But the causes of stress contributing to depression are less clear.
“It’s quite clear that chronic stress raises the level of depression,” Prescott says. According to a Mental Health Survey report from the Mental Health Foundation, levels of depression among members of Generation Z rose by about 4% or 5% between pre and postpandemic.
“We believe that social isolation, disruption to normal activities, and general stress from having your kidneys or work disrupted seem to increase depression levels. But I’d say we don’t know, causally, exactly how that happened.”
Make lifestyle changes
Sometimes a few small changes can break the cycle of stress and depression, starting with a more positive mindset.
“If you’re stressed and feel like you’re starting to get depressed, the biggest thing is to have a more active coping strategy in the way you’re going to deal with your stress,” Prescott says. “Don’t just think you’re going to have to suck it up and take it.”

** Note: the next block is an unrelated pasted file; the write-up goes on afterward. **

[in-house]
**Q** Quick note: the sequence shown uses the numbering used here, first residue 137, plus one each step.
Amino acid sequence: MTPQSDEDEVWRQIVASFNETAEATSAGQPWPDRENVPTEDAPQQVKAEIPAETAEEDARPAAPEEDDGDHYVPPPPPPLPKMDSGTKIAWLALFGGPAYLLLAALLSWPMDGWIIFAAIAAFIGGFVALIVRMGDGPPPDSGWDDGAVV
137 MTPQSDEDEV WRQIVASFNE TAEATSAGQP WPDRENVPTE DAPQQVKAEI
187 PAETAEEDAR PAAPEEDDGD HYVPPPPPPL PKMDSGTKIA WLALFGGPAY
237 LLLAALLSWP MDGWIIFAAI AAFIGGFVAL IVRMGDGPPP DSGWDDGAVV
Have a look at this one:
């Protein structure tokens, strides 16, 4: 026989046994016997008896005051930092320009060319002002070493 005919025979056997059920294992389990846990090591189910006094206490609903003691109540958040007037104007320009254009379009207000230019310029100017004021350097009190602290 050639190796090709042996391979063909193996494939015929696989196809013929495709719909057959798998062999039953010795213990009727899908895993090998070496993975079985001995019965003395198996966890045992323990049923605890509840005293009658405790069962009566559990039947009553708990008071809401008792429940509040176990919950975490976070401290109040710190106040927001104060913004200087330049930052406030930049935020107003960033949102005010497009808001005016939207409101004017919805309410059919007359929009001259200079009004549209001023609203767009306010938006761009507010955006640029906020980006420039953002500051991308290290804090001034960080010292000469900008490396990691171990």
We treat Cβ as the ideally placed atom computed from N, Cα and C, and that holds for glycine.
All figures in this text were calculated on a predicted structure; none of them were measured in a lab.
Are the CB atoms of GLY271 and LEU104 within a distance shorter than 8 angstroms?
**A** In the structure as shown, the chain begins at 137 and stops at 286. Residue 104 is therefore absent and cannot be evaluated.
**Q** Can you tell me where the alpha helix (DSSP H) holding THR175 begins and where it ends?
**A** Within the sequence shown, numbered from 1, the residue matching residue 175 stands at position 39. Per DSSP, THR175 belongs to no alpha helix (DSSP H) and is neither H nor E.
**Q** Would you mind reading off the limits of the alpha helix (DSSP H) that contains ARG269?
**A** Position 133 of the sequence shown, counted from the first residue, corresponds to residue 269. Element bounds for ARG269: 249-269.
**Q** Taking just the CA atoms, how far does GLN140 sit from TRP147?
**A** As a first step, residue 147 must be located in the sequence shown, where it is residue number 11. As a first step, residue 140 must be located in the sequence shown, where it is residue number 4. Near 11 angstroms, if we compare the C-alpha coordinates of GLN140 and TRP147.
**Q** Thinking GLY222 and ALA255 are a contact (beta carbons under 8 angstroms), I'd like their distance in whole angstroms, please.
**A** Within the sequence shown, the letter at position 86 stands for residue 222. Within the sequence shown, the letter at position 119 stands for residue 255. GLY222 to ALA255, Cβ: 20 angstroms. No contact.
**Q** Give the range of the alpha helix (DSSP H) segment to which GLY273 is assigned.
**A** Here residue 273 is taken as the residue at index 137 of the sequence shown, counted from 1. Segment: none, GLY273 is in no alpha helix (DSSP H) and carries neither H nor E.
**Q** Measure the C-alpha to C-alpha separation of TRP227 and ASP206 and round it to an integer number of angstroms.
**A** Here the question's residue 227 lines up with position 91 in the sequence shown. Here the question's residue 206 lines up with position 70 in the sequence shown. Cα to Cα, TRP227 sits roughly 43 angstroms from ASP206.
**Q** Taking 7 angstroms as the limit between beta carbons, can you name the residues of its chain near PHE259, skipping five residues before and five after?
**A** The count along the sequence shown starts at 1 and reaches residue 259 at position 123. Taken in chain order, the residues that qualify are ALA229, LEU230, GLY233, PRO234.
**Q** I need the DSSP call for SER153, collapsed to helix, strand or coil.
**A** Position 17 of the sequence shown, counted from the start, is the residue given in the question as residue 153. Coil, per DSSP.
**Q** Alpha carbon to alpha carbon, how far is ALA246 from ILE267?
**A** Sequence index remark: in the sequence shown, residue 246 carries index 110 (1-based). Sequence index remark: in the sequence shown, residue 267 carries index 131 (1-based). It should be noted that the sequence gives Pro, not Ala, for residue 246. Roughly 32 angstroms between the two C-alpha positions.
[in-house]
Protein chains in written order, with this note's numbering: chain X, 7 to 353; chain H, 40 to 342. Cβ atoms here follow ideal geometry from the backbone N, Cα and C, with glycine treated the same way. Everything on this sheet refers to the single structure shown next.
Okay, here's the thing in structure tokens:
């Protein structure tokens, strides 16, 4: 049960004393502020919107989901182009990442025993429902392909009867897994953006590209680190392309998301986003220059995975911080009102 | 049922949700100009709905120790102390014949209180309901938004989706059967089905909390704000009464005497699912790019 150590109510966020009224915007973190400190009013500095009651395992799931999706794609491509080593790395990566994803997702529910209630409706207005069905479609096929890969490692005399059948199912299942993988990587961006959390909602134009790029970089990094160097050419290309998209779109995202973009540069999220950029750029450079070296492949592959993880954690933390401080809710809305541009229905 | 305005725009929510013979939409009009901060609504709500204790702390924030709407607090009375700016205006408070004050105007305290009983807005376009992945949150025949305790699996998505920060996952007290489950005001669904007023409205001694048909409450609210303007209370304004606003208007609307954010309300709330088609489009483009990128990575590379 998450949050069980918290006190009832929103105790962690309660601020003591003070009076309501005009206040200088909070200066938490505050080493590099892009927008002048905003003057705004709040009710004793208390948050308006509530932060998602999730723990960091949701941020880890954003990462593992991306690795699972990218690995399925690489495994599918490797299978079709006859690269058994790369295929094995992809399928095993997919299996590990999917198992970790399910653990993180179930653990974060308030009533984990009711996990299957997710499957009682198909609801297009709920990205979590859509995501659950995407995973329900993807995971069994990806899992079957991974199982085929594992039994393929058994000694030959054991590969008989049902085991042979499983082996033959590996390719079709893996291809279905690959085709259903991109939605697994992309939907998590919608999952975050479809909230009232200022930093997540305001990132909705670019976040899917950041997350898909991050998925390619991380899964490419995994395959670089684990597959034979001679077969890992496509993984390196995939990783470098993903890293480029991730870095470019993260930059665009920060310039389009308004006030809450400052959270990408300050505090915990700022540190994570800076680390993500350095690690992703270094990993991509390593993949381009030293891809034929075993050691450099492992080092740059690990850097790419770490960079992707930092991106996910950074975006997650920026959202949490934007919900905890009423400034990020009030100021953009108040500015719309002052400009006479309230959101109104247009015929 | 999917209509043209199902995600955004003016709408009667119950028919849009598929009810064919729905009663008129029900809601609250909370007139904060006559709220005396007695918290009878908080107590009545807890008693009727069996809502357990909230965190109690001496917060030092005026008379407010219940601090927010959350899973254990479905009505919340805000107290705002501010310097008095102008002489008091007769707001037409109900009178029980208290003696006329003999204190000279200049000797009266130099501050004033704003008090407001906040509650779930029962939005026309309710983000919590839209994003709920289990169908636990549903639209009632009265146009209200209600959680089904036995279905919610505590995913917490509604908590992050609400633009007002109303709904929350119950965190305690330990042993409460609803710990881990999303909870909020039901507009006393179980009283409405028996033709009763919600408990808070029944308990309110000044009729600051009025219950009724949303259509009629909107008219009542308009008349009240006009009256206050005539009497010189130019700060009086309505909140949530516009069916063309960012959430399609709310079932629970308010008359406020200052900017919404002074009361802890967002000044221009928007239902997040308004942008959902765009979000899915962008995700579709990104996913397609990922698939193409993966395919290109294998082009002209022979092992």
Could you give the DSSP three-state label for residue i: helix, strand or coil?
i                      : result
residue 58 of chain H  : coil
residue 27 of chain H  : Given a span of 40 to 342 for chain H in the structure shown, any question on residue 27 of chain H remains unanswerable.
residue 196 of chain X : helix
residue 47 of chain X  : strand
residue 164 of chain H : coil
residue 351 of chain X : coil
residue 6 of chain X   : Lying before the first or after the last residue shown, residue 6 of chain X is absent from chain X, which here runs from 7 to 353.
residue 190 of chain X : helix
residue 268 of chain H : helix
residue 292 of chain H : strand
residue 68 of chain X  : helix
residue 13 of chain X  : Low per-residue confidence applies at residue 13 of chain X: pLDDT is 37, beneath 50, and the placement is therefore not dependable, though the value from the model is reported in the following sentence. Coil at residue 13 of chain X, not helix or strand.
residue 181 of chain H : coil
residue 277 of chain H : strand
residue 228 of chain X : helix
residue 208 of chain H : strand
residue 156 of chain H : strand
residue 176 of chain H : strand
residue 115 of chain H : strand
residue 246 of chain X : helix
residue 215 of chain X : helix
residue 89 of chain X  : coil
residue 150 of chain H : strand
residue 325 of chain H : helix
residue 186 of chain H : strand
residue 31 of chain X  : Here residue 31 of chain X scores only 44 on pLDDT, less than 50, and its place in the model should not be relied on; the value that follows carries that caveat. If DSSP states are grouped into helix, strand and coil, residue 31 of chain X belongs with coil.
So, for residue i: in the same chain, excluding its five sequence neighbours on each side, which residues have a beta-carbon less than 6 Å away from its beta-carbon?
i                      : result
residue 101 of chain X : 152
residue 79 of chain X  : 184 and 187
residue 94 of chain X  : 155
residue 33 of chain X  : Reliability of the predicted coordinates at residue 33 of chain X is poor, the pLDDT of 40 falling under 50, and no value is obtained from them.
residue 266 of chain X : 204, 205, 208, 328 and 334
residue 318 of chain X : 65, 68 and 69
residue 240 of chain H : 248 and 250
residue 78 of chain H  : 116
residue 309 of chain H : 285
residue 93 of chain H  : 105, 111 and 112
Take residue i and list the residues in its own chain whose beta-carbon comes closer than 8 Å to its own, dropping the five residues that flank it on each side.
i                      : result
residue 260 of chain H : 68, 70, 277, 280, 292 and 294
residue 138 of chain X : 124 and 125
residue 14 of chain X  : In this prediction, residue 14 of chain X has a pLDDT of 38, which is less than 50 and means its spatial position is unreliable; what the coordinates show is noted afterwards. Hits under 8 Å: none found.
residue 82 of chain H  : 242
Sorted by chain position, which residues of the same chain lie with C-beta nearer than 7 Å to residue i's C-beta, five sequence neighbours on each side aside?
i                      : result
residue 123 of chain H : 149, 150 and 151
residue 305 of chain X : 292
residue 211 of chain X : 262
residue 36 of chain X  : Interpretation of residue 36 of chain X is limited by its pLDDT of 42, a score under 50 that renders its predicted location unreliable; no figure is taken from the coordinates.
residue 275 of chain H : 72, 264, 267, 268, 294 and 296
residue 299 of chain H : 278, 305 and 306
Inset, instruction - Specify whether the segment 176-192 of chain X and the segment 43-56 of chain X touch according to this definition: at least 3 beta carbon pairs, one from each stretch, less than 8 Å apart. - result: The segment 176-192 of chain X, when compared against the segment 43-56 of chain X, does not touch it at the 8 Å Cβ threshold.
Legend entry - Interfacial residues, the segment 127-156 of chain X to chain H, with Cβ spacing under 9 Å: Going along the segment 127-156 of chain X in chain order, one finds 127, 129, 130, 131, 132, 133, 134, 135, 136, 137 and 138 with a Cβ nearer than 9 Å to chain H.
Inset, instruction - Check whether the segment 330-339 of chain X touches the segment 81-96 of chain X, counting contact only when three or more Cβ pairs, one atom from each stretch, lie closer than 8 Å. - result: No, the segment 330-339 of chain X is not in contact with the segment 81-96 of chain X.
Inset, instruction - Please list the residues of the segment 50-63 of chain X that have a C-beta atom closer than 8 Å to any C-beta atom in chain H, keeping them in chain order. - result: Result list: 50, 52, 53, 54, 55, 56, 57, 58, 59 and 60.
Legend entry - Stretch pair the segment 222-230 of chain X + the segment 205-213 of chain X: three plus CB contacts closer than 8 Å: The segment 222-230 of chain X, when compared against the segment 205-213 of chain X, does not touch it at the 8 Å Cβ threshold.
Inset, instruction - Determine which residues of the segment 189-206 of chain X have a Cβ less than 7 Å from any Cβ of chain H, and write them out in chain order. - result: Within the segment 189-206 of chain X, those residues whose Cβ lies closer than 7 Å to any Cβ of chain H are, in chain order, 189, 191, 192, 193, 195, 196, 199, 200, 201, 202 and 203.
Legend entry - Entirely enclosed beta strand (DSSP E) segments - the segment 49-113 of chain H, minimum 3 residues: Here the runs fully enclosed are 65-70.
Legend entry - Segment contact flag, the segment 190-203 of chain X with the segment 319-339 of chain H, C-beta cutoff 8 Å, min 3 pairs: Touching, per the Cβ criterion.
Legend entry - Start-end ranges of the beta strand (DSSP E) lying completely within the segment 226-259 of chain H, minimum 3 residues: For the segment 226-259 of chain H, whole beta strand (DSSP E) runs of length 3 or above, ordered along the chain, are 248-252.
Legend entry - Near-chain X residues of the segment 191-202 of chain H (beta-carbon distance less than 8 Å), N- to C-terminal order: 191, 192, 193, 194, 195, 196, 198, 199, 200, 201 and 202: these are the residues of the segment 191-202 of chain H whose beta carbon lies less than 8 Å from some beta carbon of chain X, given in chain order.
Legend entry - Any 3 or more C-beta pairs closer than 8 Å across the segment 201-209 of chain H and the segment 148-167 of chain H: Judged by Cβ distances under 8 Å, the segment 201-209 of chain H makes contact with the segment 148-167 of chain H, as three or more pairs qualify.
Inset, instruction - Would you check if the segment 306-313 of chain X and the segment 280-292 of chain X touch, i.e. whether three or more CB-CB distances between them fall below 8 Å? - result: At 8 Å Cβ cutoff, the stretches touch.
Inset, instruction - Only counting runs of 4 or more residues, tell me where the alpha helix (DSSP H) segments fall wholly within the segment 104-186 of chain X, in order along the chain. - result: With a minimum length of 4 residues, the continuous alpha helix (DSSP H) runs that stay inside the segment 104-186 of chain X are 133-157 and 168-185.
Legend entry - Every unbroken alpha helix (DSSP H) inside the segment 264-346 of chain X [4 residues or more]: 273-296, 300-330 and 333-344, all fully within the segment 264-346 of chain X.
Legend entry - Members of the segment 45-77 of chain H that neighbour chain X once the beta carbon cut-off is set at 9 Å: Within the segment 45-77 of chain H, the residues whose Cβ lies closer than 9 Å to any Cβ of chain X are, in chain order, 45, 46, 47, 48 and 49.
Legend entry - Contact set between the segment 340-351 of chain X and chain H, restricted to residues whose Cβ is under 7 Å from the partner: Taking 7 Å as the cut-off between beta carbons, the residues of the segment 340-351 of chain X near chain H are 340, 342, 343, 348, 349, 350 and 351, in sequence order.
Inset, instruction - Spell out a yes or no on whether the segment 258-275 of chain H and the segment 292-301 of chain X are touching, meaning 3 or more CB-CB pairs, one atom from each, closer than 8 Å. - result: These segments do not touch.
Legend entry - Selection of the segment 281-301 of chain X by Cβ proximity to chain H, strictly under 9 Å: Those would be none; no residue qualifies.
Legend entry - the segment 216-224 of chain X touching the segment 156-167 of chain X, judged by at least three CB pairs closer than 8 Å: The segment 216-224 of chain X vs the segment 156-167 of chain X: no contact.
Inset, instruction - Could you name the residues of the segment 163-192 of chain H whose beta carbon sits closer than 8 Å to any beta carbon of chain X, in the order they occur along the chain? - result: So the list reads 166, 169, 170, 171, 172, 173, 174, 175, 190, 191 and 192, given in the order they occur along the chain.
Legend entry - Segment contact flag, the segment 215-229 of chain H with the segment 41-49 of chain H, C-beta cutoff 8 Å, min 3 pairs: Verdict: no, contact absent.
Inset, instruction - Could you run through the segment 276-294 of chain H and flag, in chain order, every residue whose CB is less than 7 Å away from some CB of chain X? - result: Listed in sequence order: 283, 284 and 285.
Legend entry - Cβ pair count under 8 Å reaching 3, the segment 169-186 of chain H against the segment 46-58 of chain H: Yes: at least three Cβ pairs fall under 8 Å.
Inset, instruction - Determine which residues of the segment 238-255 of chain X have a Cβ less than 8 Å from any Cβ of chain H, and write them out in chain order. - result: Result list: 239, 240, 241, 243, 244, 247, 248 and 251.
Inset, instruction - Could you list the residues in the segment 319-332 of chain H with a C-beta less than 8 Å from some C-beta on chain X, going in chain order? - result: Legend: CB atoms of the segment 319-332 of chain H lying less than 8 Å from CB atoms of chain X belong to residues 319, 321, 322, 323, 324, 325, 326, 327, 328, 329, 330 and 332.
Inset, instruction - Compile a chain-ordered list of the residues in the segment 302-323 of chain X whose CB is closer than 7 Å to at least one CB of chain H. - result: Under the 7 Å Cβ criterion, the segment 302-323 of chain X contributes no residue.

A more active coping strategy could include:
- Playing sports. Only 30 minutes from Physical activity 5 days a week is enough to make a difference. Activities like yoga And the Tai Chi, which slows things down and helps you relax, are useful for reducing stress.
- Avoid overeating or drinking. These things may make you feel better temporarily, but they are not helpful. In addition to being physically harmful, they can make you feel guilty and worse about yourself. Excessive alcohol intake can affect your sleep and make you slow down the next day.
- Limit caffeine. Overeating can make you feel irritable and increase stress. try to reduce coffeesoda and other caffeinated drinks.
- Quit Smoking. idea that smoking Cigarettes can help you deal with stress, which is a common myth. While nicotine helps you relax instantly, this feeling is short-lived and can create more stress through cravings or withdrawal.
- Make time for yourself. Do the things you love to do or that make you feel good. Be calm with yourself and focus on the things you do well.
- Stay away from stress. If you know something or someone is bothering you, do what you can to avoid that situation or person.